The Henry B. Plant Museum – A National Landmark

    Published: 06-16-2009
    Views: 92,505
    During its operating period from 1891 to 1930, the Tampa Bay hotel housed thousands of guests in its 500 + rooms, including hundreds of celebrities and politicians including Teddy Roosevelt, Buffalo Bill, Sarah Bernhardt and Babe Ruth. Today the hotel has been preserved and is open to the public as the Plant Museum.

    Robin Kay: Hi! There, this is Robin Kay and today we are at the Henry B. Plant museum located on the campus on the University of Tampa. When you get a look at this building it just vows you right away. In 1891 this building behind me operated as the Tampa Bay hotel, it was built and owned by the railroad magnet Henry Plant for two and a half million dollars back in 1888. When tourism was not yet a concept here in Tampa this Moorish or North African architectural theme was selected by Mr. Plant because of its exotic appeal to the widely tribal Victorians who would be his primary customers. The price for a room ranges from $5 to $15 a night. And at the time the average hotel in Tampa charged a $1.

    25 to $2. This hotel has 511 rooms, some of which were actually suite consisting of between three to seven rooms and they were the first of Tampa to have electric lights, telephones and an elevator. Sally Shifke: One of the unique features of the hotel at the time was its electric lights. Henry Plant actually had to build a power plant on the grounds of the hotel because there was no power in Tampa. And when you come to the museum you get this experience of stepping back in time.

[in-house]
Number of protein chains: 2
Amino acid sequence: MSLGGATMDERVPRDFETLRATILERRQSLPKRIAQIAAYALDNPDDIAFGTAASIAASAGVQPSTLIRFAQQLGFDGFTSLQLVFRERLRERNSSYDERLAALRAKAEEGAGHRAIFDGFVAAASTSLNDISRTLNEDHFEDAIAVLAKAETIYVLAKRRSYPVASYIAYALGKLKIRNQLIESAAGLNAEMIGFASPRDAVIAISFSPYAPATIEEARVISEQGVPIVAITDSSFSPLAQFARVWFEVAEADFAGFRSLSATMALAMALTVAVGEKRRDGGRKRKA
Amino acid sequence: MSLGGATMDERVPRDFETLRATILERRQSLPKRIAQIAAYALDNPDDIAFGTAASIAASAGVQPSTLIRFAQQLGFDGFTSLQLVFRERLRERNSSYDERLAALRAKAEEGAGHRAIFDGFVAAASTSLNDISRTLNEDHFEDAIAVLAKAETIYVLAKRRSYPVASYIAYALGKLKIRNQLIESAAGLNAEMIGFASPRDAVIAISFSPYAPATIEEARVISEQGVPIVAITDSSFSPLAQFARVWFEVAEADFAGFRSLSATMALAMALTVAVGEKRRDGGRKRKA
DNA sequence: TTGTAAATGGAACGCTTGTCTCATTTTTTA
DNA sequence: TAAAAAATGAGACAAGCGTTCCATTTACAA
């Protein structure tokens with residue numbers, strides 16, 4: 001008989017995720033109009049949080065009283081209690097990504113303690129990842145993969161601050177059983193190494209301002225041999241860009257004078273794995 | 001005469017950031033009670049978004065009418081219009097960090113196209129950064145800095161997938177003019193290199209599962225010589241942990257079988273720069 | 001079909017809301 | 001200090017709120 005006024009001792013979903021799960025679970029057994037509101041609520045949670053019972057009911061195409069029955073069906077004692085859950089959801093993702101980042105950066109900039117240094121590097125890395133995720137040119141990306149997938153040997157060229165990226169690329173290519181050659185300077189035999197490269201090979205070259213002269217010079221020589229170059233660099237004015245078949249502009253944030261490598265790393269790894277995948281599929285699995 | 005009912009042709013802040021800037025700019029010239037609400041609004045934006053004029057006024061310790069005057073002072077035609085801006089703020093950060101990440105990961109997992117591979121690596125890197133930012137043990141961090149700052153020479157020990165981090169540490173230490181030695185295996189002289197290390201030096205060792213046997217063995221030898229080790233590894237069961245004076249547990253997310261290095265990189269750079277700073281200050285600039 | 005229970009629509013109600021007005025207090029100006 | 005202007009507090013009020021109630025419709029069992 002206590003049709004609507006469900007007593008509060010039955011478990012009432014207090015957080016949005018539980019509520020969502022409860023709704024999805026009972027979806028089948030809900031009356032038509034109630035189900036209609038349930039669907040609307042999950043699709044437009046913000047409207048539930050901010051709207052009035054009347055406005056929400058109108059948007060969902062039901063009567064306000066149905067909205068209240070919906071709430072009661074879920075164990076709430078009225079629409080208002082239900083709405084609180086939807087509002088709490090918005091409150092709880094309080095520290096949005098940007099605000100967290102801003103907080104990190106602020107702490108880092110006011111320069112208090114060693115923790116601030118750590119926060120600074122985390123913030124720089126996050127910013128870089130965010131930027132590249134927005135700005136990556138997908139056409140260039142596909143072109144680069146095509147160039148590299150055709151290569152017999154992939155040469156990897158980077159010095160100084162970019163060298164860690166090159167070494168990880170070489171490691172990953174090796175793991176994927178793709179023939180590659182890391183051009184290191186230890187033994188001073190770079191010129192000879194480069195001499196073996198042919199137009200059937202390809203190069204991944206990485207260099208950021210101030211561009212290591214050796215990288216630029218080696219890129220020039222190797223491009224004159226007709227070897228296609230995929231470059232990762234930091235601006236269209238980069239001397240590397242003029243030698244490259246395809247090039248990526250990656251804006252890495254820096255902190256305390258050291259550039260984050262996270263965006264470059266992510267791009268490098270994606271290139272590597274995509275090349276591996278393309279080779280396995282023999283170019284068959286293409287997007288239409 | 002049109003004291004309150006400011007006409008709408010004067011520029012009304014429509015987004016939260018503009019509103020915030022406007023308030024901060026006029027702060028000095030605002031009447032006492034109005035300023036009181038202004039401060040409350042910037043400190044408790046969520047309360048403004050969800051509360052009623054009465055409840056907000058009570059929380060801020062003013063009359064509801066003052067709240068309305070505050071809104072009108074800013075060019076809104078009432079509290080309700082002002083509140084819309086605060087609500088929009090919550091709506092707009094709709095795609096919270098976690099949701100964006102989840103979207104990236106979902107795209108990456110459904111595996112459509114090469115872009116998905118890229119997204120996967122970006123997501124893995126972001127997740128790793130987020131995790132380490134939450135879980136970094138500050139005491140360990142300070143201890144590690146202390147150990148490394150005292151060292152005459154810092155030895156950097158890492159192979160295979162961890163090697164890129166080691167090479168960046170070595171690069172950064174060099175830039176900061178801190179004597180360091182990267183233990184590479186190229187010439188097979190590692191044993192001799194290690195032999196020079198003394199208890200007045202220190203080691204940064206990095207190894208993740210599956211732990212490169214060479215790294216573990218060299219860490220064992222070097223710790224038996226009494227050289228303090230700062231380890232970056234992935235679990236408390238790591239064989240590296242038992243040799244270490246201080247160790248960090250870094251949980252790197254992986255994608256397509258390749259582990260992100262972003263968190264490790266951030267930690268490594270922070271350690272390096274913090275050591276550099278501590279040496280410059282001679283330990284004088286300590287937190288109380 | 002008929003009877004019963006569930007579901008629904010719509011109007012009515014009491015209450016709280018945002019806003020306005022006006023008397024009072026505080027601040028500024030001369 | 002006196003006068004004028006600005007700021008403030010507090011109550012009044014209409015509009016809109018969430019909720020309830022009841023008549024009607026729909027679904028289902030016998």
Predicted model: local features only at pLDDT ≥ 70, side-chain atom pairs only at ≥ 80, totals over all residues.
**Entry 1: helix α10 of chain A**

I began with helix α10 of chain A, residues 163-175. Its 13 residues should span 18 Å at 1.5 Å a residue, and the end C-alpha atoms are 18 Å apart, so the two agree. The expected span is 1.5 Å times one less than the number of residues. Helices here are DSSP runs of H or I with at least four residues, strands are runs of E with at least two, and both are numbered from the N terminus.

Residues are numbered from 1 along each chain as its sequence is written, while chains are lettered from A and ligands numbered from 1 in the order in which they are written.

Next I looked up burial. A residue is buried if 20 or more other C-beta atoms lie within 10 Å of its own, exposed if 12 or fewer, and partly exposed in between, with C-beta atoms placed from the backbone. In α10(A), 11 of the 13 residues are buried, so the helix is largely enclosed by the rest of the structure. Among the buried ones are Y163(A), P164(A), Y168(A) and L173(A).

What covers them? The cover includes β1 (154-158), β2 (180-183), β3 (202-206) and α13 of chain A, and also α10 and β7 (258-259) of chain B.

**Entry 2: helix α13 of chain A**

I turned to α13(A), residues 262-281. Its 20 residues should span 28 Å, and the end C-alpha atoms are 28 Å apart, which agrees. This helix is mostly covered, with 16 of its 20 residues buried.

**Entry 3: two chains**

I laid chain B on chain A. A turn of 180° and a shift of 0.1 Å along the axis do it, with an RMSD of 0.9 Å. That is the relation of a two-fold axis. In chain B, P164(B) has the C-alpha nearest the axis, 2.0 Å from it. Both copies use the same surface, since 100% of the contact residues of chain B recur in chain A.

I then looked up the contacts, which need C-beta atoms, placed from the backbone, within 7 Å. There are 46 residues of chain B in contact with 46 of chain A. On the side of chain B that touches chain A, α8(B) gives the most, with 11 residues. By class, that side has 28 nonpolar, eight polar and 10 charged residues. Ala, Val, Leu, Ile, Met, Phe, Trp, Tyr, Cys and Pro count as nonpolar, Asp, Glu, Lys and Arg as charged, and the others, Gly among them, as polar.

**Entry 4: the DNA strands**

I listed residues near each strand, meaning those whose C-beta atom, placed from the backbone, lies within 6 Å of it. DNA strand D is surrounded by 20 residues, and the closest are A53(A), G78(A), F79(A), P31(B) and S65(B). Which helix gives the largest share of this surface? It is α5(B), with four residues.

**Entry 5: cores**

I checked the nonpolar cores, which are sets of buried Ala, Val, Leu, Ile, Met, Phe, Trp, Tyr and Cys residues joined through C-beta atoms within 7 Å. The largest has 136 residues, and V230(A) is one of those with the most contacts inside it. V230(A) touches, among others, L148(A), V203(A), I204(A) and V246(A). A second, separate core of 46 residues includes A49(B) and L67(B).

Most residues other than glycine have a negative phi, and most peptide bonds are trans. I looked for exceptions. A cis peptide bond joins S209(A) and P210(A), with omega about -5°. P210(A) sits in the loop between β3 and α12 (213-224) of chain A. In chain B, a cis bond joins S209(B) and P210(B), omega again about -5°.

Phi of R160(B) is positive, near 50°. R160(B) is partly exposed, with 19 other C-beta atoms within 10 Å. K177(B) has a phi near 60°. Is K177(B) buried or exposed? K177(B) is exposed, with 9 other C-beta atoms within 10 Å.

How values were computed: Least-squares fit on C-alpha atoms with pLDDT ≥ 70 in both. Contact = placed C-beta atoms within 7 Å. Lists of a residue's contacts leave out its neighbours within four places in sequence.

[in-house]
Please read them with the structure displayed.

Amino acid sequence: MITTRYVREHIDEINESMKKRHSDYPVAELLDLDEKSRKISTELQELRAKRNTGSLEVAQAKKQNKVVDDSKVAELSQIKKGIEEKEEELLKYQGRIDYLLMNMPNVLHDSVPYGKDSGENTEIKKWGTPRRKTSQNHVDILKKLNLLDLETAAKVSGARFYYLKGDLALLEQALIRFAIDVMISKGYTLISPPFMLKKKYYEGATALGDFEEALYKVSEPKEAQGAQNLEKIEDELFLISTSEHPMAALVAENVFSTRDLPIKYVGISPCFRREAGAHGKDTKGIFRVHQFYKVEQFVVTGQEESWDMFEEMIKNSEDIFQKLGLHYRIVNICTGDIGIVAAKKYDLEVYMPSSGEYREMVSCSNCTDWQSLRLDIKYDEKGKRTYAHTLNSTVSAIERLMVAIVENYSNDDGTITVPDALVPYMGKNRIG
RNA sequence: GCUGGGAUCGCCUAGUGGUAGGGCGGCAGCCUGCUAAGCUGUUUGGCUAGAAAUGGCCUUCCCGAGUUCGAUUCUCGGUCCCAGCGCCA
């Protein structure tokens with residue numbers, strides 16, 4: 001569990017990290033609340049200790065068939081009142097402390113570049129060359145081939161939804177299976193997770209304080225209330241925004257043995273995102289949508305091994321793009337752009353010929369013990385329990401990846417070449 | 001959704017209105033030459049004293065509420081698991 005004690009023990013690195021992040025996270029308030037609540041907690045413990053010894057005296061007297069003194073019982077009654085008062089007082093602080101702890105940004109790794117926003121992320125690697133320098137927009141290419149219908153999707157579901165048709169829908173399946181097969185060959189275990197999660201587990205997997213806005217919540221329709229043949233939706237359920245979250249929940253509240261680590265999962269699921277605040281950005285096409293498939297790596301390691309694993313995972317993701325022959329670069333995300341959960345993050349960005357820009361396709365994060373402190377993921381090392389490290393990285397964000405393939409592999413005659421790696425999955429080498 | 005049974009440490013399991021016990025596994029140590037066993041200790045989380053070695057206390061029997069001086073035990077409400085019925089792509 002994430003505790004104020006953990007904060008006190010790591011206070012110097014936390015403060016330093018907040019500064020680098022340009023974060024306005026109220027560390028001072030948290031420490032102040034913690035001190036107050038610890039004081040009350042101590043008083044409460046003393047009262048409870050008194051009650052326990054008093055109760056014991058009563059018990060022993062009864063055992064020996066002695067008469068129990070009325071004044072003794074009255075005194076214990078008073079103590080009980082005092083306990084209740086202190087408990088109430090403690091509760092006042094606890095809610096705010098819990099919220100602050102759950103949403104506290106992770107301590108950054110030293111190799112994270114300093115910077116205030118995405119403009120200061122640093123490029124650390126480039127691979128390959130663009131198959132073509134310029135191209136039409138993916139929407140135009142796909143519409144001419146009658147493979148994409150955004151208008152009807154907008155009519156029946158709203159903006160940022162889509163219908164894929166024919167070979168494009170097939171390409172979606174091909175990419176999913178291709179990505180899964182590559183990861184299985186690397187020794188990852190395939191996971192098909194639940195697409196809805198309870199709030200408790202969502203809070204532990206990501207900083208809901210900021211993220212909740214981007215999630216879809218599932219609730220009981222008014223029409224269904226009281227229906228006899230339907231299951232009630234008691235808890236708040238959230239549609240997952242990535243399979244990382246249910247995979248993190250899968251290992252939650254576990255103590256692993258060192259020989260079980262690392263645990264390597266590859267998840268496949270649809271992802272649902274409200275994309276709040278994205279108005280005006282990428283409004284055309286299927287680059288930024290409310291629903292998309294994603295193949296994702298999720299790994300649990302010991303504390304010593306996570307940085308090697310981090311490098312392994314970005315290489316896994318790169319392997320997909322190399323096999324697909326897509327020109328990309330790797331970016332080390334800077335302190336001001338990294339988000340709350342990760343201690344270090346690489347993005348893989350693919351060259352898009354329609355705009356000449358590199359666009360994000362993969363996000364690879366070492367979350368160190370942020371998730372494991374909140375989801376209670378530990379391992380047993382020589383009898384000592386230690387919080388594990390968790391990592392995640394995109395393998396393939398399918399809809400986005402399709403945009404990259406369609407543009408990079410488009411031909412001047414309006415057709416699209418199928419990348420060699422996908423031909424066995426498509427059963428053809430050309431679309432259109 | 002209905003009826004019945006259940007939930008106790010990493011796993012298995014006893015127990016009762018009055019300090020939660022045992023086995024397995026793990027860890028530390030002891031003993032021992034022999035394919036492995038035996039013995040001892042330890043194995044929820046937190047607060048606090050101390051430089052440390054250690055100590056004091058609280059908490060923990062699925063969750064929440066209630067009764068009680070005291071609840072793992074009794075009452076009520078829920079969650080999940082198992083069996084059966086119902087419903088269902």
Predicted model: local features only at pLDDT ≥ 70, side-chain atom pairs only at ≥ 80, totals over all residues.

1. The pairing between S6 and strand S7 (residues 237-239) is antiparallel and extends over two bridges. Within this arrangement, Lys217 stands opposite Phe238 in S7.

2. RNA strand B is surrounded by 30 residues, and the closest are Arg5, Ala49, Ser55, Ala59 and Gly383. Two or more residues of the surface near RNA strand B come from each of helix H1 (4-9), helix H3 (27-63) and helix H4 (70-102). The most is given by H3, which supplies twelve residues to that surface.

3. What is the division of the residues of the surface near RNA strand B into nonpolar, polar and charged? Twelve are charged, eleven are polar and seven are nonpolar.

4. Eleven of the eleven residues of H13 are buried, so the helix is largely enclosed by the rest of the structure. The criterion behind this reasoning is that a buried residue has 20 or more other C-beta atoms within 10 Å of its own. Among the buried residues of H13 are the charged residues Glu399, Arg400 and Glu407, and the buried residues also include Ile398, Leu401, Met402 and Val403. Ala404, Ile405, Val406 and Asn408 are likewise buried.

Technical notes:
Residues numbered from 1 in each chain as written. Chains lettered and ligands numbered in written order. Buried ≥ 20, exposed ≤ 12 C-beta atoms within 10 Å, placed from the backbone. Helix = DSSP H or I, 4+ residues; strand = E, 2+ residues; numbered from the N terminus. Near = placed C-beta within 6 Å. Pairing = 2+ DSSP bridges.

Robin Kay: During its operating period the hotel housed thousand of guests, including hundreds of celebrities and politicians, interestingly enough Baber signed his first baseball contract in a grand dining room. And according to local legend he had his longest homerun ever at the old Tampa fair ground stadium located right here on the hotel grounds.

    Sally Shifke: The room that I am standing in is the writing and reading room. And this is where the men would have come to sit and read the newspapers from the time and send telegraphs back to their family and business associates. Because when you stayed at the Tampa Bay hotel, you just didn't stay for a couple of days, it would have taken you a couple of days to get here by train. So, you stay here for a weeks on it. Robin Kay: There is a ton of history here and one of the more interesting attractions is at the entrance. Take a look at this fountain commissioned by Margaret Plant in 1899 after her husband's death. She called it Transportation and it reflects trains and ships which was the core of Henry Plant's work.

    Sally Shifke: You will see magnificent furnishing and beautiful artwork from the Victorian period, Henry Plant and his wife Margaret went to Europe and filled 41 rail road cars with furnishings for the hotel. Most of pieces here are those pieces that they purchased. Robin Kay: This is Robin Kay reporting from the Plant museum in Tampa Florida.